GET api/products?fields=name,price,photos/url,sizeGET api/shop/1?fields=name,location/lat,long

This  is already quite a customizable API. If we push that concept even  further, we can create an even more complete query language, and even  drop the need for multiple endpoints:

GET api/graphql?query="{ shop { name location { lat long } products { name price { photos { url size } } }"

GraphQL  decided to push the customizability so far that it doesn’t even need  dedicated endpoints per use case, because the world of capabilities, of  use cases, is represented in a single “Graph”, which we can query using a  query language.

This query, in a easier to read format, is a good example of GraphQL’s power:

query {
  shop {
    location {
    products {
      photos {

In  a single query, we’ve traversed many relationships, and selected our  own, carefully crafted use case, specific to our client’s need. The  reason why our client knows this specific query is within the realm of  capabilities of our API server is because of GraphQL’s type system, the schema. We’ll focus on how this one is the next chapter.

Any  GraphQL API exposes a strongly typed system to clients, exposing the  entire set of possibilities to clients. If compared to REST, it could be  similar to starting from the root endpoint to discover links to  resources. It is machine readable, and human discoverable.

Many articles written on GraphQL focus on the fact that GraphQL solves the under-fetching and over-fetching problems. This  is totally true, but to me is a side effect of something much more  crucial: enabling any number of clients to coexist, and survive the  evolution, of a single API server.

GraphQL definitely embraces the difference in clients, in fact, it puts a lot more power in the hands of client developers than what we were used to we endpoint based APIs. By  giving clients total control on what shape of data they want to  receive, this coupling between the usual endpoint result and client  request is soften by a lot.

We had talked about allowing customizations earlier this chapter, and knew that it often resulted in a system that’s very hard to manage, and offers a poor experience for server developers, is that the case with GraphQL?

Keeping a manageable system and offering a solid developer experience

Netflix’s  client-based server adapters, and Soundcloud’s BFFs were able to give  customization to clients without losing a good developer experience on  the backend. GraphQL is no different. This is due to several attributes  of the GraphQL specification that makes client coexisting quite an  enjoyable experience for both client and server developers.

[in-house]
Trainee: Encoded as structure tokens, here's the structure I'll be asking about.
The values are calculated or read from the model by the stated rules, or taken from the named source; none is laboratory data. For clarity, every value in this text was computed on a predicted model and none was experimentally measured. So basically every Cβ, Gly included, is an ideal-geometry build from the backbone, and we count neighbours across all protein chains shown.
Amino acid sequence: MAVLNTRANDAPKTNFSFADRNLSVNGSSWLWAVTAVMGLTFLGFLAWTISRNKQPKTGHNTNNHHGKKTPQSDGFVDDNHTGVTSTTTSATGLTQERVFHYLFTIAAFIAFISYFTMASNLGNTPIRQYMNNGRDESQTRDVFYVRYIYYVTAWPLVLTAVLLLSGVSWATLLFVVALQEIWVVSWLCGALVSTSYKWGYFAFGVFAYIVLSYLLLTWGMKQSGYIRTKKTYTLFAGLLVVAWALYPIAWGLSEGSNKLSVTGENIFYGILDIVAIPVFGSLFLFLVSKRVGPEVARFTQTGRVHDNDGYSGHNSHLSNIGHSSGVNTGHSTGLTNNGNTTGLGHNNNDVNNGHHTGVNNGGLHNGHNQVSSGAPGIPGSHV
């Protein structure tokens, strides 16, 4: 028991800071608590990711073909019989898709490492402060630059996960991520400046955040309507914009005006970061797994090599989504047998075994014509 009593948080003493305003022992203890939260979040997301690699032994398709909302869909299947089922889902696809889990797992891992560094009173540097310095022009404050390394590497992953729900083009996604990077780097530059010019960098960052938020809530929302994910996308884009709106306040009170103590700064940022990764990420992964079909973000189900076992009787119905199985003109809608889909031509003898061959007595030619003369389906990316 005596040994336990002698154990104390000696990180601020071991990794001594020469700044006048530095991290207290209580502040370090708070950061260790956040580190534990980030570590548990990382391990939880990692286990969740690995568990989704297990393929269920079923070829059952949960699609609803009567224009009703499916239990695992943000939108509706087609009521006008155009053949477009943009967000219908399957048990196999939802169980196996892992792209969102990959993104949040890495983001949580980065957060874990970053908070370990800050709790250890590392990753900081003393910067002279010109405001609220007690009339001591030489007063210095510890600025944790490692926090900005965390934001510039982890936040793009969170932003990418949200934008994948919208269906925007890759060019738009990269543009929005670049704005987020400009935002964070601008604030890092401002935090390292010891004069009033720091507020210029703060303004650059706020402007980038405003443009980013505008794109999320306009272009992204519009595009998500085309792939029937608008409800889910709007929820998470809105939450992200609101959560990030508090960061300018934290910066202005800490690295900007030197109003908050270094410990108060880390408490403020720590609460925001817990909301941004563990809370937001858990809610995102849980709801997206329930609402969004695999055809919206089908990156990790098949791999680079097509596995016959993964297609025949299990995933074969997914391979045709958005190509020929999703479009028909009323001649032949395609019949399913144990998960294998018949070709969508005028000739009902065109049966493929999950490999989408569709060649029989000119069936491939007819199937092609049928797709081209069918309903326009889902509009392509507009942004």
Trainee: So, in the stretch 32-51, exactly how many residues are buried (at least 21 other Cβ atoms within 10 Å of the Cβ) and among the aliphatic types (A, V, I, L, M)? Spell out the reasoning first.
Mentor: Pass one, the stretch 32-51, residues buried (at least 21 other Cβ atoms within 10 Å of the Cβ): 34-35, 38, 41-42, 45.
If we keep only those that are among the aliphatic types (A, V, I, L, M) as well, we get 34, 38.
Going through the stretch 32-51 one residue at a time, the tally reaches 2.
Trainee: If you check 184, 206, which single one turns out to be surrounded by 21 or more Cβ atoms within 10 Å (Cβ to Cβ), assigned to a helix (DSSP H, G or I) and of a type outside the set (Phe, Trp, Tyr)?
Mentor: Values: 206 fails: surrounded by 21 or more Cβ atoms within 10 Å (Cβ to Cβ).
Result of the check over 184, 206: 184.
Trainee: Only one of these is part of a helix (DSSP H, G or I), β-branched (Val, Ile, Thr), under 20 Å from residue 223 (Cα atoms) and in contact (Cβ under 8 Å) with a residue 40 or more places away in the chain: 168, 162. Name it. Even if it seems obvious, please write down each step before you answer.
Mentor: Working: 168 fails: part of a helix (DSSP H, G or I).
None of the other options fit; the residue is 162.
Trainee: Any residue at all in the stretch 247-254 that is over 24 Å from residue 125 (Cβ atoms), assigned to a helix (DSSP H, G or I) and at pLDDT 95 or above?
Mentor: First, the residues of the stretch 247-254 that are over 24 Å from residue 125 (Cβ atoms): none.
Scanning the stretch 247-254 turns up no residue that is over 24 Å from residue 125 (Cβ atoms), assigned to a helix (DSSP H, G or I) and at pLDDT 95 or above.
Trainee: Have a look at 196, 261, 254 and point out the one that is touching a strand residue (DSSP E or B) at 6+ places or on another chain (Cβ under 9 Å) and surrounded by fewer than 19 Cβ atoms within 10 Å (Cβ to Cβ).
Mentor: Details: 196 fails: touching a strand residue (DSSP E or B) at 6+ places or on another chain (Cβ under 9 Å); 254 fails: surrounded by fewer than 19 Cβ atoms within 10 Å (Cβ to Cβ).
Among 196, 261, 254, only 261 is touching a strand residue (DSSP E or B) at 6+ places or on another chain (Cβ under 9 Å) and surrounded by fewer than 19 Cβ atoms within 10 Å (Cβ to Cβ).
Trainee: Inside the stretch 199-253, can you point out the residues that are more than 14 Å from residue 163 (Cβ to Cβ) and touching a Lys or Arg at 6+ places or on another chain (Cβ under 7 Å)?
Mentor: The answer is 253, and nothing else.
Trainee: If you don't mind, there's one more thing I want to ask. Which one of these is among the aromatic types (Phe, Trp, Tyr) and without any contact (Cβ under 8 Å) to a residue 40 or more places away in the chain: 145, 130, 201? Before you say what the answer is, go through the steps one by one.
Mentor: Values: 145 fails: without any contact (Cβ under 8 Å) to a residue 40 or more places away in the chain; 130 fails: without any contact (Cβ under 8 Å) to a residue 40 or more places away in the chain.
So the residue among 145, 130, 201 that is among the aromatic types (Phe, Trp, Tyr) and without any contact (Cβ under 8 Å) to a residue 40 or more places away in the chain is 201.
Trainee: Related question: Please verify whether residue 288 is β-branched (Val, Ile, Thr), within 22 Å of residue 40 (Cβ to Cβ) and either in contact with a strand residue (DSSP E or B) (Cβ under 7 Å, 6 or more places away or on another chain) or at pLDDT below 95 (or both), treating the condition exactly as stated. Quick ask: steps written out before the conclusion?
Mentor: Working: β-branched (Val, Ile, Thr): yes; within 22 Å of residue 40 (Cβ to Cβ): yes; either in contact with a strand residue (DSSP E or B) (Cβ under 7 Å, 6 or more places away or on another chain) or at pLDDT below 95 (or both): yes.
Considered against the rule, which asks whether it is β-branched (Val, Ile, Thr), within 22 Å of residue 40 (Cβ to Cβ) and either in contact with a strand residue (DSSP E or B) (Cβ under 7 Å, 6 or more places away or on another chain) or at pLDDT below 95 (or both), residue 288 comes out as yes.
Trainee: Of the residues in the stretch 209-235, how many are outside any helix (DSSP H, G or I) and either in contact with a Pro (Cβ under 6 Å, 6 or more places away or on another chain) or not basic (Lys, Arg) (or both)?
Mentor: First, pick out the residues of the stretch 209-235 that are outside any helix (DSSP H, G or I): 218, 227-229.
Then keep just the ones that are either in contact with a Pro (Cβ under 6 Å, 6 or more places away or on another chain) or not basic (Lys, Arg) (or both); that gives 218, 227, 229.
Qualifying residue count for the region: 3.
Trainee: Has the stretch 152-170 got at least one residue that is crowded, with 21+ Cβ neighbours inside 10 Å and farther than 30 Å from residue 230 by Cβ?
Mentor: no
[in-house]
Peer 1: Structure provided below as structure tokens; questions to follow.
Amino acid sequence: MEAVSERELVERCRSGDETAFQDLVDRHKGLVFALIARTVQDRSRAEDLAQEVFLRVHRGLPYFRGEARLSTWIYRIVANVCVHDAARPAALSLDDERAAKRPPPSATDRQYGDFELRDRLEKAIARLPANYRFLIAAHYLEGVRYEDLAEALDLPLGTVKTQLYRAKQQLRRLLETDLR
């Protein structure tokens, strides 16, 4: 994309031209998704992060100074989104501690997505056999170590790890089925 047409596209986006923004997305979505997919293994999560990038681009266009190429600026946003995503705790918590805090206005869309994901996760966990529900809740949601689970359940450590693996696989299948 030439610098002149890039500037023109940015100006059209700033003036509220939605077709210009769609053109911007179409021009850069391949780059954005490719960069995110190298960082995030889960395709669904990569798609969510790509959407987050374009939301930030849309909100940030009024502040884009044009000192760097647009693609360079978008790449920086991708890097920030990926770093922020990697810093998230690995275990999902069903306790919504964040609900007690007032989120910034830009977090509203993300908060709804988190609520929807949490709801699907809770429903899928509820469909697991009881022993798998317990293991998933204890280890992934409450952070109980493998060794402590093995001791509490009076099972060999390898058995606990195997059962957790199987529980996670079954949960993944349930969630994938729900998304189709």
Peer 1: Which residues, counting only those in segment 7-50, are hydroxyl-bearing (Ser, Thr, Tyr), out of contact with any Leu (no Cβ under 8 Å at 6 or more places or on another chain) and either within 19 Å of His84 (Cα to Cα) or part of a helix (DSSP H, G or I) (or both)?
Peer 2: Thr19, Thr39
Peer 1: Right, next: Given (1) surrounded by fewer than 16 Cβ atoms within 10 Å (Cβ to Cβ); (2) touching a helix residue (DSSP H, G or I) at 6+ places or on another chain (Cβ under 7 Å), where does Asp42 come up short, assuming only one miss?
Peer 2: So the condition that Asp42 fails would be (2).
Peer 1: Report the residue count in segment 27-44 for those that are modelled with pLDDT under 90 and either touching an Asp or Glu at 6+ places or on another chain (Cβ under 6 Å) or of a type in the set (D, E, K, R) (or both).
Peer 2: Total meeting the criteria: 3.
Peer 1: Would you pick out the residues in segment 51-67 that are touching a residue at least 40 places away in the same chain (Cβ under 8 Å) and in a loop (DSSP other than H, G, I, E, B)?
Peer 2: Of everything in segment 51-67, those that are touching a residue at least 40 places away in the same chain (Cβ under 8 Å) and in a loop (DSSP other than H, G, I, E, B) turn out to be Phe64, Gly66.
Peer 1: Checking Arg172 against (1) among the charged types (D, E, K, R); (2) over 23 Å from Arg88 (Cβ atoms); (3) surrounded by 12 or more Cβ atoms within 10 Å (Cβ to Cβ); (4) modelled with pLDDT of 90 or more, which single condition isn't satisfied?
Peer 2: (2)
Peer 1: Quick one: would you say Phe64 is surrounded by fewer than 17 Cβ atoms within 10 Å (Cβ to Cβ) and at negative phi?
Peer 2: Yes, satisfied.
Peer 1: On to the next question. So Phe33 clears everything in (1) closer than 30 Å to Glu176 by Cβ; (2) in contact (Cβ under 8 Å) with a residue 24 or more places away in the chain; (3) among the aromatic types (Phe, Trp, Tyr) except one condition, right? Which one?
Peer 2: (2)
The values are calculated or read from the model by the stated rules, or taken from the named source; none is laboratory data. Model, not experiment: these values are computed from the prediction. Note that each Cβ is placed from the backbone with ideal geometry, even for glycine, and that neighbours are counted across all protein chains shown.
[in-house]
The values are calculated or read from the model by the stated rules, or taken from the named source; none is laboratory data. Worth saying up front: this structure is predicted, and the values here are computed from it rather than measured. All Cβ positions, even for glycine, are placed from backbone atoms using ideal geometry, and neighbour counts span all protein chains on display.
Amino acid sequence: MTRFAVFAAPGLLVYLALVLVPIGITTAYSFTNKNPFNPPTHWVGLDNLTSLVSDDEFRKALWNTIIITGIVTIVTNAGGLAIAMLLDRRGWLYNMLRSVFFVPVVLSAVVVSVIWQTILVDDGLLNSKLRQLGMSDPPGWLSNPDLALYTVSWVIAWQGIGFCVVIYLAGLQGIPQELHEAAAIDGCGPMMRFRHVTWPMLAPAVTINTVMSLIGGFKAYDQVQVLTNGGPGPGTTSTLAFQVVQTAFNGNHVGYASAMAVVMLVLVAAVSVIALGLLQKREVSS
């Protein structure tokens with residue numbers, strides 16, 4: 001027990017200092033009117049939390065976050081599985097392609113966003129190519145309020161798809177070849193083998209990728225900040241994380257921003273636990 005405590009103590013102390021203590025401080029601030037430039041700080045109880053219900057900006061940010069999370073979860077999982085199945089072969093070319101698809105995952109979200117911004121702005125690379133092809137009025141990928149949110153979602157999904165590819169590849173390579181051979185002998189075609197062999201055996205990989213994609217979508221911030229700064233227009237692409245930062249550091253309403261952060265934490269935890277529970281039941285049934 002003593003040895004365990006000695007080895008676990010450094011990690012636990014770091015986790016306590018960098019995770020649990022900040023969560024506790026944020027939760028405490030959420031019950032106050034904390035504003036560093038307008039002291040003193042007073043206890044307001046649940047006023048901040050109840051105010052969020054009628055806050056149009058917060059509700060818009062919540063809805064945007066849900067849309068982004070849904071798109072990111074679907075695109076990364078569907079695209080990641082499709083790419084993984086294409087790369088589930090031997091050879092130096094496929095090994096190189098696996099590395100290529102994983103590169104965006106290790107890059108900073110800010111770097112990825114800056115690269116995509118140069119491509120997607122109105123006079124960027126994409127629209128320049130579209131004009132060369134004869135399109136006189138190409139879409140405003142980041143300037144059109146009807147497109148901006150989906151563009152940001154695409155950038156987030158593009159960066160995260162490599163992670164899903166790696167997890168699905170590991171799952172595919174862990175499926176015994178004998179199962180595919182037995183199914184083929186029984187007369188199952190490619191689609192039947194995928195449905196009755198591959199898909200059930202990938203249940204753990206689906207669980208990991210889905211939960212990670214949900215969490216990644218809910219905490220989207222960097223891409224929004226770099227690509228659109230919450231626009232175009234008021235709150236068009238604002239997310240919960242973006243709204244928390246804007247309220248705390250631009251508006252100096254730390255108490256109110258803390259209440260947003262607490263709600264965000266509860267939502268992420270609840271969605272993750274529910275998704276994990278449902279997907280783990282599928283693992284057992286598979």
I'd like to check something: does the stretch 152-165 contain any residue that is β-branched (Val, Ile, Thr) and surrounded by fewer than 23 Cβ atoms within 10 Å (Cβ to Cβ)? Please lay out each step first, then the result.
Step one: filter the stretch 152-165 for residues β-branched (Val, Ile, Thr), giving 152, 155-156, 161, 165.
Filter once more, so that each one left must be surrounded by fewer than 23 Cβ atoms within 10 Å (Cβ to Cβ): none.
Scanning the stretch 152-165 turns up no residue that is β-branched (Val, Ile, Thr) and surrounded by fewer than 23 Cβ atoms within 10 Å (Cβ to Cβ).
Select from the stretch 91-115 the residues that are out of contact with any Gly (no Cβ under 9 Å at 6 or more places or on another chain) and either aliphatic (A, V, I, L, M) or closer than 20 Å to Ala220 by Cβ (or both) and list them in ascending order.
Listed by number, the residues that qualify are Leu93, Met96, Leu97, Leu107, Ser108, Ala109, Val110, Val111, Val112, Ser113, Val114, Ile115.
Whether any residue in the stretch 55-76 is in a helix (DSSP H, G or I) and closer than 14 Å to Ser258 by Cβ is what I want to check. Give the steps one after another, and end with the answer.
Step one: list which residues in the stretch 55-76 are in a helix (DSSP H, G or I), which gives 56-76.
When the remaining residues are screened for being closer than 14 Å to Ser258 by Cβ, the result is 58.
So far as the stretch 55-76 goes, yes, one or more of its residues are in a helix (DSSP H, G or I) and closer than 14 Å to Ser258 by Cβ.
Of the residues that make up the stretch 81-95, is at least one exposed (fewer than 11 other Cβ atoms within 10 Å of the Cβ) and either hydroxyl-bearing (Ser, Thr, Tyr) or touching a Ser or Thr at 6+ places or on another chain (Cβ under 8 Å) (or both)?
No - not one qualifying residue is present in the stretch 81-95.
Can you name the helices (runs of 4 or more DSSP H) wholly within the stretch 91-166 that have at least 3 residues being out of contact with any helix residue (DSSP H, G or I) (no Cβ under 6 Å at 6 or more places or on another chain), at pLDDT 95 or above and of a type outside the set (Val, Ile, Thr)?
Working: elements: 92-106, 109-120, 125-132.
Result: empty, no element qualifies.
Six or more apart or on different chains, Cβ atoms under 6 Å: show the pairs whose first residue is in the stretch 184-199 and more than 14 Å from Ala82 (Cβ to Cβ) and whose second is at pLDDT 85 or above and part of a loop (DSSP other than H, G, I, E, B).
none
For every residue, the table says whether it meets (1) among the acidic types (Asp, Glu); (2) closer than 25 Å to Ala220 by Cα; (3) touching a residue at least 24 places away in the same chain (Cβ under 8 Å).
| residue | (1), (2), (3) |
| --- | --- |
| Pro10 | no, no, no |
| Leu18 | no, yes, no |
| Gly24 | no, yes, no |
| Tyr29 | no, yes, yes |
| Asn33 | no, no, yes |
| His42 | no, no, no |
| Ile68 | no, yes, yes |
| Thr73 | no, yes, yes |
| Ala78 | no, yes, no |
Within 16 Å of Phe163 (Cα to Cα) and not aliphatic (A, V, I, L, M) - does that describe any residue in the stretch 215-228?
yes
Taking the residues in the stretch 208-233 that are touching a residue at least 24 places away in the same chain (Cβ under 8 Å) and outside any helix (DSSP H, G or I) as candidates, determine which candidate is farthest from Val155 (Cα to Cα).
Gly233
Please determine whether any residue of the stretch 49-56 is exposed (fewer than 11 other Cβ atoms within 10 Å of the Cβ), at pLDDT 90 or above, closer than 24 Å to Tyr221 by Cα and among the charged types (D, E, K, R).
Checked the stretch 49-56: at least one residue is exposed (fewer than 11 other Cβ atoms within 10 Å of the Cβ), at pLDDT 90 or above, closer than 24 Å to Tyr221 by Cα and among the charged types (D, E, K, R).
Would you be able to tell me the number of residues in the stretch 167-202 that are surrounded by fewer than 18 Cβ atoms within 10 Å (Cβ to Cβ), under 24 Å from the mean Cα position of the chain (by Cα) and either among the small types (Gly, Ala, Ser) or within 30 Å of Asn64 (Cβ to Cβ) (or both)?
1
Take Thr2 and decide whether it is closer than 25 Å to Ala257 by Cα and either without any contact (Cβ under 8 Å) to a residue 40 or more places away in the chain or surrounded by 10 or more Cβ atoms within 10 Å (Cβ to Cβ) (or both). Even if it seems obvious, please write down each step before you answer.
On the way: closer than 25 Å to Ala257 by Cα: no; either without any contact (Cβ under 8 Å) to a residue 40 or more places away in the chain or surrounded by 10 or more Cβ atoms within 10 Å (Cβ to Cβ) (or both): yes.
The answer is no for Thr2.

First, it’s very important to note that the GraphQL query language only allows selecting fields declaratively and explicitly. There is no SELECT * , no way of selecting all fields on a particular type, and this is for a very good reason. This allows server developer to add functionality, new fields, new use  cases without existing clients ever needing to care about these changes,  or ever be impacted by them. Each individual GraphQL query is selecting a subset of our graph of possibilities. You  can kind of imagine a GraphQL query being a way to craft your own  custom endpoint, but one that doesn't cause the burden on API developers  as creating an actual custom endpoint would. That’s because the GraphQL schema exposes the “graph” of capabilities, but does not care how it will be used precisely. This of course is a design decision that makes a tradeoff. A GraphQL API will rarely be as optimized as an endpoint answering the need of a specific client. However, this was a conscious decision, to allow our API to handle  different use cases while keeping a sane development experience.

What  this property of GraphQL gives us is that we can provide as many ways  of enabling use cases we want in a GraphQL schema. Clients can then select what they require, but don’t need to pay the cost of supporting other use cases. Even the server developers don’t need to pay the cost because of how a GraphQL schema if usually developed, where each field or use case is implemented in isolation. Of  course, the power we give to clients comes with great responsibility.  Often times this will lead to an experience that requires a bit more  work to get what they want, and discover how to consume their use cases. We’ll talk about this tradeoff, and how we can help with this in Chapter X: Documenting a GraphQL API.

Think  about Netflix’s solution and Soundcloud’s solution. When we compare  them to what GraphQL offers, even if the final solution looks quite  different, they can be quite similar. GraphQL’s “engine”, the algorithm that can execute a client’s query against a GraphQL API Schema is in  fact kind of our own powerful, yet complex “Client specific server adapter”. A GraphQL API can act as these “BFFs”,  but within just one service, because of how decoupled clients can be  from how the schema evolves, and how schema developers can add  functionality without worrying about adding weight to existing ones.

By  having this context in mind, we can make better decisions when it comes  to designing a great GraphQL API. We will frequently go back to GraphQL’s raison d’être as we look for the best practices along the  book. As you can see, GraphQL was born in a very specific context to  solve a particular problem. It is an excellent way to write APIs, but  other ways exist as well, as we explored in this chapter. This book is  not here to convince you to use GraphQL for everything, but rather to  teach you how to do it correctly if you do choose to use it. Enjoy!